Last week I was chairing the Radio Advertising Bureau’s 1999 advertiser conference. Now why, you may well ask, would someone like me be asked to chair a conference for 600 advertisers? There is usually some comedian chairing conferences, but that’s not the point.
As some of you may know, I used to be a Unilever brand manager working for Elida Fabergé – where, having trained on toothpastes and shampoos (Signal, Mentadent and Timotei), I ended up in charge of Denim (rather embarrassing) and Lynx Deodorant Body Spray for men (rather less embarrassing).
So I’ve seen the business from both sides – as the client which commissioned the ads and as the actor asked to make the ad come alive.
When I was a marketer, we didn’t think about using radio (let’s face it, no exotic foreign location shoots, and you can’t boast at dinner parties about your radio campaign the way you can about the big shiny TV campaigns). Radio doesn’t seem to do big and shiny.
I know the facts have changed a lot since I was in marketing. The radio audience has grown, there are lots more stations and listeners (as the Radio Advertising Bureau keeps telling us), and the ad business no longer views 800 TV ratings as a “banker” advertising strategy.
I think radio is better understood these days, too. It used to be shorthand for “cheap TV without the pictures”. Now we realise that the way it speaks to people is very different from TV.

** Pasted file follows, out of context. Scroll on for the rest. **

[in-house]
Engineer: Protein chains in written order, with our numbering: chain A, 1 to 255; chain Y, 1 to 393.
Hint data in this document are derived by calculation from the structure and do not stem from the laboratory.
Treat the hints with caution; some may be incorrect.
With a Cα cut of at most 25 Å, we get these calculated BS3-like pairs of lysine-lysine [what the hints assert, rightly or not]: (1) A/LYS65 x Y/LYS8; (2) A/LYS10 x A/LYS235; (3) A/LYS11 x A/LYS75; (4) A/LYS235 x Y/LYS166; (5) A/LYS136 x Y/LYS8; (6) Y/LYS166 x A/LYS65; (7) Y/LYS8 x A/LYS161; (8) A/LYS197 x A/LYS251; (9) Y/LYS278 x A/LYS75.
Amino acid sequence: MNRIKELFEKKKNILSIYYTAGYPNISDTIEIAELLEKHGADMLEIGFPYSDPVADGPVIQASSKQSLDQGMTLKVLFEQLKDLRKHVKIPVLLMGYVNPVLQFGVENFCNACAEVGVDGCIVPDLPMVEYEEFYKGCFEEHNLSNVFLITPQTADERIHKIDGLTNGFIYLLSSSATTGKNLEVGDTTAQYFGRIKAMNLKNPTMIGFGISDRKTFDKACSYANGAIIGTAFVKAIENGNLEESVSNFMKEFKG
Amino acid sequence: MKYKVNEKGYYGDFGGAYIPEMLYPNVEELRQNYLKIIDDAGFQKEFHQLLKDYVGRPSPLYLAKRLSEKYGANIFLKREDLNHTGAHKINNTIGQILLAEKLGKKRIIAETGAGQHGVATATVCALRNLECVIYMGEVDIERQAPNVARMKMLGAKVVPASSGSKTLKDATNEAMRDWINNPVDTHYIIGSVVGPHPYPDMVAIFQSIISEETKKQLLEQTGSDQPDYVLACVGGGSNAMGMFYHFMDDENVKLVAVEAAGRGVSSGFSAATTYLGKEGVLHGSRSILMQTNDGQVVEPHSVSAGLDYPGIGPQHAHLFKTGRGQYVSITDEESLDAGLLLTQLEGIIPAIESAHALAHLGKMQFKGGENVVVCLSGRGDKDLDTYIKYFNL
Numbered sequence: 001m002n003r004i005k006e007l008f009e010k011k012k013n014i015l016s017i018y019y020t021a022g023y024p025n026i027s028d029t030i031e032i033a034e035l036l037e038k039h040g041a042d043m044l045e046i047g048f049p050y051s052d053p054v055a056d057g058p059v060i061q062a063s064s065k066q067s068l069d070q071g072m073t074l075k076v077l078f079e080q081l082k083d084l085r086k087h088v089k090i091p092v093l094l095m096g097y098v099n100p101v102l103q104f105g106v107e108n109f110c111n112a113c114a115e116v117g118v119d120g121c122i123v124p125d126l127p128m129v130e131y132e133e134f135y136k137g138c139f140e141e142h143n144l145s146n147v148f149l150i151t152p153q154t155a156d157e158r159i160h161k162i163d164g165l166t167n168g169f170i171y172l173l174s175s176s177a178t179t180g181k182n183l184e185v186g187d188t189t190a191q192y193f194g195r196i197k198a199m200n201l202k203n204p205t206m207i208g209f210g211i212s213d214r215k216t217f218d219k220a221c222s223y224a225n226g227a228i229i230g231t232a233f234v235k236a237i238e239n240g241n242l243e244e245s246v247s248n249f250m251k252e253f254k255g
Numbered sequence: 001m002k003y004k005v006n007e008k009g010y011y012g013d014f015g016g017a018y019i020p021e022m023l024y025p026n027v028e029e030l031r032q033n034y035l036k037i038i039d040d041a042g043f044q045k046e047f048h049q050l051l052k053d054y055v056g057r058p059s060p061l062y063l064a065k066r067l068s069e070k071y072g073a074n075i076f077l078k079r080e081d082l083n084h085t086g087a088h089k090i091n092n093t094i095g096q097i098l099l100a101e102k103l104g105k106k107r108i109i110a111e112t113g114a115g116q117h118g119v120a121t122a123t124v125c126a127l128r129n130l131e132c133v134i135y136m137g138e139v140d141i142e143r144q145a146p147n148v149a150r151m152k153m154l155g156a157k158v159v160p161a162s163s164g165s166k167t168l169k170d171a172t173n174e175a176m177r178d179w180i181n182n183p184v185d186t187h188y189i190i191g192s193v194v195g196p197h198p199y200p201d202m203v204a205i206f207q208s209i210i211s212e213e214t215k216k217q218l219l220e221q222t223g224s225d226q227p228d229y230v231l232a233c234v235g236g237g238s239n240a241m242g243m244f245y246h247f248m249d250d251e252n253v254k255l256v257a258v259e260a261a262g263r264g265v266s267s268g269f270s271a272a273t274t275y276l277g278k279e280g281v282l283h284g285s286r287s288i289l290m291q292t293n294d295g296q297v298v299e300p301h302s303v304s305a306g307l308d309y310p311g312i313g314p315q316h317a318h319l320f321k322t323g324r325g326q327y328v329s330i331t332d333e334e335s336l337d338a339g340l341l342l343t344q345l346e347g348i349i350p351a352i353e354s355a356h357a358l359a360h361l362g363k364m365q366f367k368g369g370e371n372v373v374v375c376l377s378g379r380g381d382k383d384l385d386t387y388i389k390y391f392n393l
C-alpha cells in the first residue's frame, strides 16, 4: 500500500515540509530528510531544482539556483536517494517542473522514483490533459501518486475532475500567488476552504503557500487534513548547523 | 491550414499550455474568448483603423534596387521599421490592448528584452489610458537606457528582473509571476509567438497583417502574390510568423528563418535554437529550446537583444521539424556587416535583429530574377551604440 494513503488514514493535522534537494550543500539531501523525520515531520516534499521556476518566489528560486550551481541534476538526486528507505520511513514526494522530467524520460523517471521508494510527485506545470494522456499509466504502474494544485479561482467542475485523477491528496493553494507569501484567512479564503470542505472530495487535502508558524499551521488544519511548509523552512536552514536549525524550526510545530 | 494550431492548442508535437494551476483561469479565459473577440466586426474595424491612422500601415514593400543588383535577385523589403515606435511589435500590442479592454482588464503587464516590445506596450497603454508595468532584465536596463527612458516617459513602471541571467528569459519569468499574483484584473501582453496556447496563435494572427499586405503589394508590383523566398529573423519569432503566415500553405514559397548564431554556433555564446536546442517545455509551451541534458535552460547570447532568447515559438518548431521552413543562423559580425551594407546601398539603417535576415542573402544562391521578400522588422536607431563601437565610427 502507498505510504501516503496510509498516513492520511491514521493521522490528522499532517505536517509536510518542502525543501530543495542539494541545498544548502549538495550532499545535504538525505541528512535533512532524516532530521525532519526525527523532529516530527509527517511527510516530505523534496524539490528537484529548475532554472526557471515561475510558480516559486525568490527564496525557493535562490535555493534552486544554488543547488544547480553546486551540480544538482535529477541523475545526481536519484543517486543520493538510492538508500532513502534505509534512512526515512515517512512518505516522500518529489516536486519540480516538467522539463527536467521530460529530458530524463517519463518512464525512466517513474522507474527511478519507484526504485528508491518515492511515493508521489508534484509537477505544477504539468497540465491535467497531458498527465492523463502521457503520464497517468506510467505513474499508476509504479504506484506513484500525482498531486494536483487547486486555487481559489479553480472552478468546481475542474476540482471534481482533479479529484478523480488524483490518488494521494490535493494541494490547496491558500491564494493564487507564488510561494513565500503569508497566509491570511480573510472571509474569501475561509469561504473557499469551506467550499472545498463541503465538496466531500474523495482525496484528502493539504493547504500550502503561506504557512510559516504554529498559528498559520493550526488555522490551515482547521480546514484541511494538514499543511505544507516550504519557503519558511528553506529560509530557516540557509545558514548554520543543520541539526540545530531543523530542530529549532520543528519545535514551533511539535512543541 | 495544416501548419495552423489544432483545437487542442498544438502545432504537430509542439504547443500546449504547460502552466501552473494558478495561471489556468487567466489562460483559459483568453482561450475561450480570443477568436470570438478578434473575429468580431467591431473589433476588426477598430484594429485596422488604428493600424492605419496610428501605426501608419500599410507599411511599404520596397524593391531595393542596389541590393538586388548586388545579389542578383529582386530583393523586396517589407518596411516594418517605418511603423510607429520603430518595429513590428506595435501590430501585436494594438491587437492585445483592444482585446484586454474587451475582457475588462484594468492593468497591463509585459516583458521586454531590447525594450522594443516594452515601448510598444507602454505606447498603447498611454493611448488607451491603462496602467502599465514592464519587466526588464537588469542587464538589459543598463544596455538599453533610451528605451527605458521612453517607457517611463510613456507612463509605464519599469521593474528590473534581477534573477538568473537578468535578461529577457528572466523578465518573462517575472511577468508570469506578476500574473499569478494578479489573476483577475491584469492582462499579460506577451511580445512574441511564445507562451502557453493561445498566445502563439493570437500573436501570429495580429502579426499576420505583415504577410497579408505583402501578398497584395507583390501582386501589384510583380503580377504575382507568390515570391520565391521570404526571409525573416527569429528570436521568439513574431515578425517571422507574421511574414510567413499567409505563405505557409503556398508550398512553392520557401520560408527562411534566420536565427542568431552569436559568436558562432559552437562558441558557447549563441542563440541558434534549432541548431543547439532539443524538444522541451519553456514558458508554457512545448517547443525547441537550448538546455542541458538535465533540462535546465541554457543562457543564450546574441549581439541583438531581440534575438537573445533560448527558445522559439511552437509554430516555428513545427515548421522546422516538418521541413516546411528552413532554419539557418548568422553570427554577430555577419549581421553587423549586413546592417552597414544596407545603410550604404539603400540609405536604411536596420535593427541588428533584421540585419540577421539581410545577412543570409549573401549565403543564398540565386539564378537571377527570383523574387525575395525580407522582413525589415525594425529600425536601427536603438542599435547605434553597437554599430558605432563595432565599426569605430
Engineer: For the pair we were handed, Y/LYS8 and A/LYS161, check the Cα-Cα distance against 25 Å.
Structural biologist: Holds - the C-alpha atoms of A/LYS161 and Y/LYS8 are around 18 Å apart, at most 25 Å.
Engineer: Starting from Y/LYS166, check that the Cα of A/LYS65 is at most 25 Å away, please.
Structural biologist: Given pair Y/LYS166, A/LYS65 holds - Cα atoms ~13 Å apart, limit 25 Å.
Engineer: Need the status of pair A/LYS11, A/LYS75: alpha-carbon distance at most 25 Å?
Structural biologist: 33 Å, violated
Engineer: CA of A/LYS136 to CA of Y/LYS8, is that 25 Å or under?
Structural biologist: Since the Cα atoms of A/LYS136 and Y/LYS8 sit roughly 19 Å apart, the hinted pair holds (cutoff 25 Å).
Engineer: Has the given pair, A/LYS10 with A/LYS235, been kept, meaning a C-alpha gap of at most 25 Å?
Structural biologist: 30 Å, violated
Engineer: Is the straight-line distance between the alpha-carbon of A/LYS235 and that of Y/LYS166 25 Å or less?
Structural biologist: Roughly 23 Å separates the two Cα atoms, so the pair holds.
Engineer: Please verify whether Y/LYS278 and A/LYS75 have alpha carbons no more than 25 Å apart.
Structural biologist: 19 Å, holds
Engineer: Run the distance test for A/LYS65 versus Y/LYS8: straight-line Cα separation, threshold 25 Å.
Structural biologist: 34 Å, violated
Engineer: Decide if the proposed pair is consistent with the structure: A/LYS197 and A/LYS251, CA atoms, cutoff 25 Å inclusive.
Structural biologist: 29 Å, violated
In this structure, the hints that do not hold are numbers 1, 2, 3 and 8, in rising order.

We also know a bit more about how radio works. It is amazing the way your ear zooms in on ads which are involving or surprising. In my marketing days I wish I had known about “sonic brand triggers”, a sound which listeners immediately associate with your brand (please don’t call them jingles). They seem like a truly subliminal form of advertising.
But some sectors, including packaged goods, have still been slow to take up radio, and I think it’s to do with creative confidence. This is partly because writers find radio a challenging medium but it’s also because as clients we find it hard to know what makes a good radio script.
So here’s my ten bob’s worth: I think we should do away with the scripts as far as we can, and insist on listening to the creative proposals. Scripts are made of written words which we find tempting to tinker with as clients. But it’s only when you hear the audio that you begin to understand how the idea makes you respond inside your head.
Radio ads are cheap to make (trust me, I act in them). You can afford to take some risks. And maybe that’s the most important point. Brand management is all about trying to make a difference, but no one wants to expose themselves to huge risks.
I think radio is a great place to take those risks. You can try things on a localised basis. You can go in at a heavyweight level to make things happen, shift some boxes. If it’s not quite right first time, you can change it.
Hugh Dennis is now an actor and writer